If you’re installing a water tank you’ll want to talk to your local council as they are usually the ones that determine all the rules and regulations for water tank installations. Here’s some handy links to help you out.

Queensland local government directory 
http://www.dilgp.qld.gov.au/local-government-directory/search-the-local-government-directory.html

New South Wales local government directory
https://www.olg.nsw.gov.au/local-government-directory

Victoria local government directory
http://www.vic.gov.au/government-economy/local-councils/victorian-local-councils.html

Australian Capital Territory local government directory
http://www.directory.act.gov.au/ccExternal_5.1/index.html

South Australia local government directory
http://www.lga.sa.gov.au/councils

Western Australia local government directory
http://walga.asn.au/About-Local-Government/WA-Local-Government-Directory.aspx

Tasmania local government directory
http://www.dpac.tas.gov.au/divisions/local_government/local_government_directory

There’s also the option to have dams dug or sink a bore, but if you’re going down that road it’s advisable to contact your local council first, then an expert in your area to assist you.
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Off Grid Food Production

foodThis is where things can really start to get fun. It’s great to reduce your power consumption, conserve energy and use solar and wind power to produce your own energy. Collecting water from the sky is satisfying, but nothing is quite so satisfying as preparing a healthy, pesticide free meal for your family with food you’ve grown in your own garden.

Obviously everyone's food production requirements will be different. Some people have a lot of land for fruit trees, nut trees and large gardens. Other’s have more modest spaces to use to grow their own food. No matter how much space you have, there’s always a range of investive solutions to get your gardens growing and producing fruit, vegetables, nuts and legumes.

If you’re looking at producing your own food it’s also worthwhile doing some research about ‘heirloom’ vegetable strands as many of the mass produced seeds you get from places like Bunnings etc won’t enable you to use the seeds from the plant you grow to create a continual cycle of healthy vegetables.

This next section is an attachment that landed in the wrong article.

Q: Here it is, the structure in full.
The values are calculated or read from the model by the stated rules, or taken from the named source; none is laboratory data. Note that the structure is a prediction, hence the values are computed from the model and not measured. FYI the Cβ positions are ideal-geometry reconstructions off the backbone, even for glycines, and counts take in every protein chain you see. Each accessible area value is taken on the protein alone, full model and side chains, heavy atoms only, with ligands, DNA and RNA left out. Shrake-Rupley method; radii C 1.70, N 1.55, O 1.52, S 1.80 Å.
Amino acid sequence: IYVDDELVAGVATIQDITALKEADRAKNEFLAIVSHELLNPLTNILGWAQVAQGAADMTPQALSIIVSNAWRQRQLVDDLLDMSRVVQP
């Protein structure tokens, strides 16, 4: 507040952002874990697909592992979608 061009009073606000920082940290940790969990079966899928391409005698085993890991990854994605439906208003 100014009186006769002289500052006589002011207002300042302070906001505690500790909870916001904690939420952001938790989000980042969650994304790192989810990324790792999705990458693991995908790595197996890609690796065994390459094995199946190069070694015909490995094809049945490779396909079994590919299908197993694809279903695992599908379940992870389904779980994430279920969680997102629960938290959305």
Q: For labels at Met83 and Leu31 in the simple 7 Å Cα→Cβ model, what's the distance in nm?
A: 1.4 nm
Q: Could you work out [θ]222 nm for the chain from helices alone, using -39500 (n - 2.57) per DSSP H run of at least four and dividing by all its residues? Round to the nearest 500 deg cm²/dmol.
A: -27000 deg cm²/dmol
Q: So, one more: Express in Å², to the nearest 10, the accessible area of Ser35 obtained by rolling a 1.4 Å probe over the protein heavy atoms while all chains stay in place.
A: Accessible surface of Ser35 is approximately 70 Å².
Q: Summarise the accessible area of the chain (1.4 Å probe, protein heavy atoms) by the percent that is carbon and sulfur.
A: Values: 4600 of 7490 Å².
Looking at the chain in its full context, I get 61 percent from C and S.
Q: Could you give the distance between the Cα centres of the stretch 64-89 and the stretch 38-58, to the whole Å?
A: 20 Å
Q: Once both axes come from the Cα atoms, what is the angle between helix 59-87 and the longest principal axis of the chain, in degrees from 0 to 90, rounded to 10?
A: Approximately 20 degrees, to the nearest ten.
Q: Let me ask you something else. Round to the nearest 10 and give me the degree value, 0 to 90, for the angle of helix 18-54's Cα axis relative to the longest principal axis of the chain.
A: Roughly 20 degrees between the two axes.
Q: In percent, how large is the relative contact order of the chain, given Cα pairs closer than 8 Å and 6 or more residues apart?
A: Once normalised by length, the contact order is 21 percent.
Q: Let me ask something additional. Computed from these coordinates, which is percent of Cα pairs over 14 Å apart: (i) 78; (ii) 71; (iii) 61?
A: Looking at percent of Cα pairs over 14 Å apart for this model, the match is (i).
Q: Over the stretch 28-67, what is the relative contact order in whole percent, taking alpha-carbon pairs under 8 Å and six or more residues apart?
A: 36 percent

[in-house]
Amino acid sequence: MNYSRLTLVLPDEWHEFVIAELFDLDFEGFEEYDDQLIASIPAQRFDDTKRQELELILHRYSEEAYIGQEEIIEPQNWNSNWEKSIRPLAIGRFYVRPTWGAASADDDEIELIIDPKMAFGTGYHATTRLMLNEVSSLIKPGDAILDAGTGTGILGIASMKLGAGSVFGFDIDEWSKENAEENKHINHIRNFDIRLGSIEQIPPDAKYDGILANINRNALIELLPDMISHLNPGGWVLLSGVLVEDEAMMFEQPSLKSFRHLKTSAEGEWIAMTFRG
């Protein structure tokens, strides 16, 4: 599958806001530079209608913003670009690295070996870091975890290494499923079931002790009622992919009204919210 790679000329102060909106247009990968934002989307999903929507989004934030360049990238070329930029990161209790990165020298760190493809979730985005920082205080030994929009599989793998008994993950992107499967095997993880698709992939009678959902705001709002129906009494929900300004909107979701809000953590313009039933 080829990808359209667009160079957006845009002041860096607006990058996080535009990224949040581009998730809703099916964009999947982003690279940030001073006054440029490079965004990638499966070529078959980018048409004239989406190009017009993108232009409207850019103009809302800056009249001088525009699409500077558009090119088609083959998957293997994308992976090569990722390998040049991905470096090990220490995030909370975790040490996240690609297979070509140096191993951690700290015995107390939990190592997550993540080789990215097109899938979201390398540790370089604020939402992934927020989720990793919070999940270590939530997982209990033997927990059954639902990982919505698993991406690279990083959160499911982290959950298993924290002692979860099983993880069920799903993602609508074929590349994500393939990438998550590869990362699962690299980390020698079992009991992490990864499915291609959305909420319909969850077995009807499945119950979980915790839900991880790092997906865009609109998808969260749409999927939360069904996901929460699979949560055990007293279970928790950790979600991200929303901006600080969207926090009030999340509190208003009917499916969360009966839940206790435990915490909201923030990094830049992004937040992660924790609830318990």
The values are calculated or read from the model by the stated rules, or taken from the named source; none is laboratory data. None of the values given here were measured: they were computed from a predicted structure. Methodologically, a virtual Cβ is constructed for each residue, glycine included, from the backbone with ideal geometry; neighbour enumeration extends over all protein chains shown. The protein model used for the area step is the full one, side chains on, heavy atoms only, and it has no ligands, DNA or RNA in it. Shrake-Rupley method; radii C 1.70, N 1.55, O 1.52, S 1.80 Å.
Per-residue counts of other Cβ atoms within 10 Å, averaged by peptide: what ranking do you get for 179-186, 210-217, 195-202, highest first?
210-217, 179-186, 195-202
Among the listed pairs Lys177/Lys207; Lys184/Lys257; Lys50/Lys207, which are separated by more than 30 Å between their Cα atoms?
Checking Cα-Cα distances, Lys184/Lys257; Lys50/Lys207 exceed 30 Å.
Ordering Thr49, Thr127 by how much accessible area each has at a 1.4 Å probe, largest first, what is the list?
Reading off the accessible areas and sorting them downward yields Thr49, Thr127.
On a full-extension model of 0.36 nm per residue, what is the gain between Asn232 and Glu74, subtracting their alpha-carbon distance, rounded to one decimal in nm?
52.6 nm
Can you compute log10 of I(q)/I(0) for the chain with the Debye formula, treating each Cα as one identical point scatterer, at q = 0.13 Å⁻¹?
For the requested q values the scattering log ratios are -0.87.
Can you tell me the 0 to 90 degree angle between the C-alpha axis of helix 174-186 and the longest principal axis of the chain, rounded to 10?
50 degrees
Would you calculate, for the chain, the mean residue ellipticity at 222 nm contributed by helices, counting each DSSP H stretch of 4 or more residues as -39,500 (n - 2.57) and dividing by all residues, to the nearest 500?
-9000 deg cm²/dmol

Some of the vegetables that many off grid homes grow are:-

  • Broccoli
  • Garlic
  • New Zealand Spinach (also called Warragul greens)
  • Silverbeet
  • Kale
  • Lettuce
  • Tomatoes
  • Beetroot
  • Peas
  • Beans
  • Cucumbers
  • Potatoes
  • Spinach
  • Capsicums
  • Corn
  • Carrots
  • Mushrooms

What you grow will be determined by your space and growing methods (in the ground, hydroponic, etc) and there are many excellent websites around outlining how to create wonderful gardens in pretty much any environment and space.

Even if you can’t install solar power, wind turbines and water tanks, growing some or all of your own food helps your family, your budget and moves you one step closer to a more sustainable lifestyle.

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Off Grid Waste Systems

Here’s where we can really help you out. If you’ve gotten this far in the article, congratulations! We reckon that composting toilets are one of the best off grid human waste systems you can get your hands on and we have a huge range of composting toilets available – no matter how large your family.

If you’re wondering what type of system you need, take a look at our blog post Composting toilet types – self contained vs split systems or give us a call on 07 3889 6144.

Off Grid homes and Communities

Of course converting your current home into an ‘off-grid’ home can become expensive and difficult if you’re plugged into the system so many people opt to purchase land and make a start on their off-grid lifestyle gradually, adding a shed, building a more eco-friendly home over time with all the requirements for off-grid living and then moving in when feasible.

The other option is to simply purchase a home that’s been set up for off grid living and go from there but be warned, living off the grid isn’t something you can simply walk into and start if you’re not used to that type of lifestyle. Being practical and self sufficient can be challenging and at times downright frustrating, so working your way up to this type of lifestyle is always going to be the more moderated and level headed approach.

There are also many off-grid communities popping up around the world. These are a great way to get involved in a community of like minded people, even if you wanted to go and visit one to get an idea of how everyone has their own personal setups.

Whatever your plans are to get off the grid, there are things you can do right now, from as easy as growing some of your own herbs and veggies through to setting up your home so you’re not dependant on power companies or municipal water facilities at all and everything in between.

No matter what stage you’re at, becoming more self sufficient, recycling and thinking about ways to reduce your footprint on this earth is always going to be appreciated by Mother Nature.

certified 

Nature Loo / Ecoflo was the first supplier of composting toilets to be certified to New Zealand and Australian Standard 1546.2